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During my college days in the early 1990s, neither the Internet nor cell phones were part of daily life. For all practical and economic purposes, for an average guy like me, they simply didn’t exist — and I got along just fine.

They were the good days, now gone and never to return again, I’m afraid. But days like the one I had yesterday make every bit of today’s digital luggage worth its mental weight in gold. I started the day early, behind a rickety wooden desk in an upper room in a remote town of southern Italy (I’m on vacation, so to speak.) I scrawled via keyboard a few simple thoughts about a Vatican document on “Ecclesiology” I assumed would spur mixed reactions and a lot of confusion.

Within minutes of the posting of my article, while still sitting behind the same rickety desk, preparing to dash off by foot to touch, feel and smell the ocean I so love, you and I were back in touch with hundreds of e-mails — now into the thousands — pouring into my inbox from all over the world. Yes, there are mixed reactions about the Vatican document, but because the good days of digital freedom are now days gone by, we can now talk through the confusion. So today, that’s what we’ll do.

If you haven’t read Wednesday’s article, I suggest you do this first before going below to the reader reactions and my responses.

God bless, Father Jonathan
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I just wanted to say thank you for your excellent break down of the document. Reading your article was very helpful and with a few other denominations and religions in my unit over here in Ali Air Base in Iraq (we have one girl who is Muslim and a couple of Protestants) it helped make sense. So I just wanted to say thank you and good job, great article! — Matt (Iraq)

RESPONSE: Matt, and thank you for your willingness to serve our country and the Iraqi people, even at the risk of your own life. Please greet your colleagues on my behalf.

What a shame that you, and so many others, waste their valuable intellect and time on such nonsense. Religion has always been the single most divisive factor in society. It provides fanatics their "justification" for killing all those who choose to think of God in any way but their own. Now, to add to the mess, the Catholic Church is dragging up the same old nonsense I had pumped into my head as a child when we were required to learn everything in the Baltimore Catechism or [risk] the wrath of the nuns and priests who had such absolute power over us. Of course, we were taught that only Catholics had the true faith, but that others might not go to hell if they led good lives, and, through no fault of their own, weren't Catholics. What unbridled arrogance!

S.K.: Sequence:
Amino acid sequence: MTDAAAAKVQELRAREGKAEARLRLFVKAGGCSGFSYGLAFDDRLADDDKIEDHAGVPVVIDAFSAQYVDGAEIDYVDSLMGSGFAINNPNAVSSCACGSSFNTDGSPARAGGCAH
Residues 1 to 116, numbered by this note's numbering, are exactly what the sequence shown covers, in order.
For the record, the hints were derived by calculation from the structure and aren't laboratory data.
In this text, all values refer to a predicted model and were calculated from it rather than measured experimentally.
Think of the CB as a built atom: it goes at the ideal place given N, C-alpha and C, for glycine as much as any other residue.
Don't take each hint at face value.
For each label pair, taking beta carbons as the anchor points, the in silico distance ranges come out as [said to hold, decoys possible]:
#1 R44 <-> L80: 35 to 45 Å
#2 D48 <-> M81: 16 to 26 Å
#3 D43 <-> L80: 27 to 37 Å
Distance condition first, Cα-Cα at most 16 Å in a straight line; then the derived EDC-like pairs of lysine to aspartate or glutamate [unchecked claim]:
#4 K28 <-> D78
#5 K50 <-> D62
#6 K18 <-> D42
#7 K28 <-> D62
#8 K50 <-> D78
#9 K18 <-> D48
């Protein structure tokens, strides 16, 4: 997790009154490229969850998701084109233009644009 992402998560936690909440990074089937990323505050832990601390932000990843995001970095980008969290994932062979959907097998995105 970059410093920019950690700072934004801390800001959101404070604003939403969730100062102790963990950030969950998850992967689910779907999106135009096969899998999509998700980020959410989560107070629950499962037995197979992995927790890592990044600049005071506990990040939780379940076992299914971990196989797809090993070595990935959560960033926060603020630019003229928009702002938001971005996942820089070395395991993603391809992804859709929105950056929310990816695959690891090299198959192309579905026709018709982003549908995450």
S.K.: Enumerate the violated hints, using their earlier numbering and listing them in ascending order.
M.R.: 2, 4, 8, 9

We are never going to make any meaningful progress towards world peace until we get this horrible phenomenon — religion — out of our systems and start getting along with each other as human beings. People with your intelligence and communication skills could do great good if they directed their efforts towards the real problems, not fussing about how many angels can dance on the head of a pin. — Wayne A. (Crofton, BC, Canada)

RESPONSE: Well, Wayne, I would love to sit down over a cup of coffee and discuss all of this with you. Who knows, maybe some day we’ll have a chance. As you say, people in the past (and present) have certainly abused the name of God to carry out their selfish motives. As I see it, it is precisely their selfish motives, however, and not true belief in God, that leads to such divisiveness and violence. If religion weren’t around to be their scapegoat, they would use something else.

My friend of over 30 years called me last night and was upset about a radio show that discussed the document released by the Pope. A caller to the radio station said he thought the Pope believed that non-Catholics would go to H - - -. My friend was raised Baptist, attends Evangelical and Christian-Free Churches, and I have been a life-long Catholic. I felt shocked and confused when she turned to me with this information and said that I'd never heard of the Pope suggesting that. It has been heavy on my mind today and I googled "Pope" and found your article this afternoon. It was a tremendous relief to achieve a broader understanding. I will share it with my friend, a Christian of deep faith. Although I am Catholic, I find joy in discovering common denominators of Christians of all faiths. — Lynn S. (New Hope, MN)

RESPONSE: Lynn, my hats off to the founders of “Google.” I wonder if my article was filtered out in Google “China.” Any Chinese viewera listening in?

I happen to agree with the Pope. I am not a Catholic, but you could say a lapsed Evangelical. The Protestant world is a chaotic mess ... doctrinally speaking. One can find a “church” that conforms to just about any belief you want to abide by. Don't like confessing you sin to God, follow Bob George. Don't like predestination ... follow John Hagee. Don't like free will ... join a Reformed Church. Don't like the Trinity ... join the Jehovah's Witnesses. I could go on and on. Personally, I am leaning towards Eastern Orthodoxy after going through a bout of not believing going to church or belonging to a church is essential (it is.) Even more, the sins of the Catholic Church (I am speaking mostly about the Inquisition) I am beginning to see, was simply to result of having to foresight to imagine the chaos we Protestant Christians are living in today. — Andrew H. (Pasadena, CA)